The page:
In addition to issuing a statement of offense to motorists parked on bike paths, officers from the Sustainable Mobility Agency will be able to have illegally parked vehicles towed away.
For a crowded borough like Park Extension a cyclist’s life is not an easy one. Illegally parked cars present a danger to the few existing bike paths in Park ex. That is why Montreal is stepping up its surveillance of motorists who park illegally in bike paths. The Réseau express vélo (REV) Saint-Denis, officers will now circulate on seven busy axes to issue statements of offence. And soon, they will also be able to tow cars blocking the way.
“It’s illegal to park on a bike path, and we want it to be known”, said the person in charge of transport and mobility on the Montreal executive committee, Sophie Mauzerolle.
At the end of May, when it announced its 2022 bicycle program, the Plante administration had revealed that the REV Saint-Denis would be the subject of a pilot project of continuous monitoring in order to crack down on vehicles parked on cycle paths, a phenomenon “increasingly reported” to municipal authorities. Agents from the Sustainable Mobility Agency (AMD) are assigned to it.
Between June 1 and August 1 — i.e. the first two months of the pilot project, including one where the REV Saint-Denis was the only monitored axis — the City claims to have issued more than 400 tickets to motorists illegally parked in a bike path, the equivalent of seven per day. The fine is $173.
“Our desire remains to extend this to the entire territory eventually, but we are going there gradually. The AMD will meanwhile identify sectors where there seems to be more delinquency, says Sophie Mauzerolle. The idea, starting with the REV Saint-Denis, was to see the degree of intervention that it would require and the number of officers needed. It is also an axis with more commercial sectors, others more inhabited, so it gives an idea of where the main problems lie.
At Vélo Québec, the president and general manager, Jean-François Rheault, applauds the initiative. “We are especially happy to see that the City is adjusting quickly, following a pilot project during the year.” he said. As for the towing of vehicles blocking the passage, Mr. Rheault recalls that such a practice is already used in several cities, some even doing it in the reserved lanes. “It certainly helps to solve the security problem, and instantly. It also contributes to education, to behavior change. When it happens to us, we remember it and we pay attention,” said the CEO. He calls on the City to “continue to collect data” on the evolution of the cycling network, to “constantly adjust” and add even more monitoring on more axes, as the number of daily passages increases. increase.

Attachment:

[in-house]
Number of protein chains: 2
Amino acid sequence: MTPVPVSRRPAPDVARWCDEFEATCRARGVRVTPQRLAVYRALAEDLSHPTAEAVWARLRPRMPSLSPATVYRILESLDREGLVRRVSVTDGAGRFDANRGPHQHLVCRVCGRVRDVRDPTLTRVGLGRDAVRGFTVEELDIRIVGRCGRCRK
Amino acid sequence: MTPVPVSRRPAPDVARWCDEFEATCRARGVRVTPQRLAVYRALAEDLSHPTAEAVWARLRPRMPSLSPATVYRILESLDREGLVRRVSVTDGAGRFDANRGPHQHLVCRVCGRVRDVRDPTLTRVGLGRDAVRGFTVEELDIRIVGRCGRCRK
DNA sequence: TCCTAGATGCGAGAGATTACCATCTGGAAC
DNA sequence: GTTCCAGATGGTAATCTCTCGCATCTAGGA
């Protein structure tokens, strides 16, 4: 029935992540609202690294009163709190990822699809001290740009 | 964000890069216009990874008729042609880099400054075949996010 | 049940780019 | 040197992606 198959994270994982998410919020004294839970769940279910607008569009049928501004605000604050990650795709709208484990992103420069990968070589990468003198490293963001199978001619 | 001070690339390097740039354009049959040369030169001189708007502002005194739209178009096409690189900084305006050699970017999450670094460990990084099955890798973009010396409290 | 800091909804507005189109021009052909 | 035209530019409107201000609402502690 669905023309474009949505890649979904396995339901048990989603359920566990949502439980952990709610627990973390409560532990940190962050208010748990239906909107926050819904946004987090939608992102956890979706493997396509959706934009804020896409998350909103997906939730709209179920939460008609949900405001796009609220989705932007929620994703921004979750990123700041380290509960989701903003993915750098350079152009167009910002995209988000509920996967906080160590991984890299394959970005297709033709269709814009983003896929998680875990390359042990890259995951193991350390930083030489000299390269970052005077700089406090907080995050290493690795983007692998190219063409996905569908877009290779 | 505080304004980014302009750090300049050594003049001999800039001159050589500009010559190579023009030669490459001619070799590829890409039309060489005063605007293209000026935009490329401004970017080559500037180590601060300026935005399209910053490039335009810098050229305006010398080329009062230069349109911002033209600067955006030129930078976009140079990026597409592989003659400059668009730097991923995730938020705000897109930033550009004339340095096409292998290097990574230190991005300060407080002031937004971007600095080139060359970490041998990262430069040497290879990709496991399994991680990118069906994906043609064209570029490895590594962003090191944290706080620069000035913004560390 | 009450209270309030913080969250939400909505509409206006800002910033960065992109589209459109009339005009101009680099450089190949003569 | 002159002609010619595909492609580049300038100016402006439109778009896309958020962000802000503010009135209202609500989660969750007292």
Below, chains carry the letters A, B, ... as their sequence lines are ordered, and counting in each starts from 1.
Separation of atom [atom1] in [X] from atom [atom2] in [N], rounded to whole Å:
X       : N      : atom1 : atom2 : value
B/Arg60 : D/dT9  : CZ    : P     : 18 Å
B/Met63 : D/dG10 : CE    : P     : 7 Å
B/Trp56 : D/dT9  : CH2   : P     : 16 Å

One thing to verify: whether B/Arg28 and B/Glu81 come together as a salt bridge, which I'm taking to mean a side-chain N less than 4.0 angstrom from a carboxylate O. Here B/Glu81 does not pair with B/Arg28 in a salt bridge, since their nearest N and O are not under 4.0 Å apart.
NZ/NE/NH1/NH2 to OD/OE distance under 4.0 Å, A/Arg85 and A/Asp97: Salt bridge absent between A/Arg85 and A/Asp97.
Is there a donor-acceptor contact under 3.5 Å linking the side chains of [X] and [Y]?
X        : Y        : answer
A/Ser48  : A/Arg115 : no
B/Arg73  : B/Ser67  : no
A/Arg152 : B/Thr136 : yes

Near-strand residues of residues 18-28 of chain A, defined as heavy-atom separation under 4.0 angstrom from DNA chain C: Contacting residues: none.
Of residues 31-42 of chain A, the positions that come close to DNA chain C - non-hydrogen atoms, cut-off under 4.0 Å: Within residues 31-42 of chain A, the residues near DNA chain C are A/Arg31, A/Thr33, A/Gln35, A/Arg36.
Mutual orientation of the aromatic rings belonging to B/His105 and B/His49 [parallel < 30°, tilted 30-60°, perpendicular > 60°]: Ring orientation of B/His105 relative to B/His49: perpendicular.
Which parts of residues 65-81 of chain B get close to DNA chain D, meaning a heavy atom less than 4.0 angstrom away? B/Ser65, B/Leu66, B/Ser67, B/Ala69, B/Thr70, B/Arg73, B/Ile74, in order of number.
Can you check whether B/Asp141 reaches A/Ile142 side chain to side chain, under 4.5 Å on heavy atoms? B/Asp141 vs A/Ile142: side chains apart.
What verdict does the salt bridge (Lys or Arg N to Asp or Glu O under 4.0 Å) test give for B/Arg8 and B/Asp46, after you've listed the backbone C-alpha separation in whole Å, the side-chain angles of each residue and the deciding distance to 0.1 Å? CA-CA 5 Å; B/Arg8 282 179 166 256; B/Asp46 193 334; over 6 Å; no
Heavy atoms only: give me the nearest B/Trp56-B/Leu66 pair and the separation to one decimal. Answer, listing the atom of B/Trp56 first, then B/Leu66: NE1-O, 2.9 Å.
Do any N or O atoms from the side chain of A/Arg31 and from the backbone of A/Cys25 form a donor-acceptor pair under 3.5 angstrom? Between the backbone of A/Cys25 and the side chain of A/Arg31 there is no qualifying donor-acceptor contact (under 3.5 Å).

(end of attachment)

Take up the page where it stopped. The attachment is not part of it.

Often when it happens, a vehicle parked in a bike lane, the way to report it is to call 911. But that’s really not the best tool. Having a dedicated squad, we think it will really improve the safety of cyclists, who are already more vulnerable.
The whole thing comes as Quebec has experienced a marked increase in the number of cyclists hospitalized during the pandemic, a phenomenon completely opposite to the trend in the rest of the population. According to data released Tuesday the 9th of August by the Canadian Institute for Health Information (CIHI), the number of hospitalizations due to cycling injuries increased by 20% for the period from April 1, 2020 to March 31, 2021. Some 1,199 cyclists ended up in the emergency room during this period, compared to 1,001 for the same period the previous year.
Meanwhile, as Quebecers were asked to stay at home due to the pandemic, the number of hospitalizations fell sharply from 67,374 to 60,792 compared to the previous year, a decrease of ‘around 10 %. CIHI’s hypothesis to explain these statistics is quite simple: the number of cyclists has increased tenfold during the pandemic, for lack of other sports options available.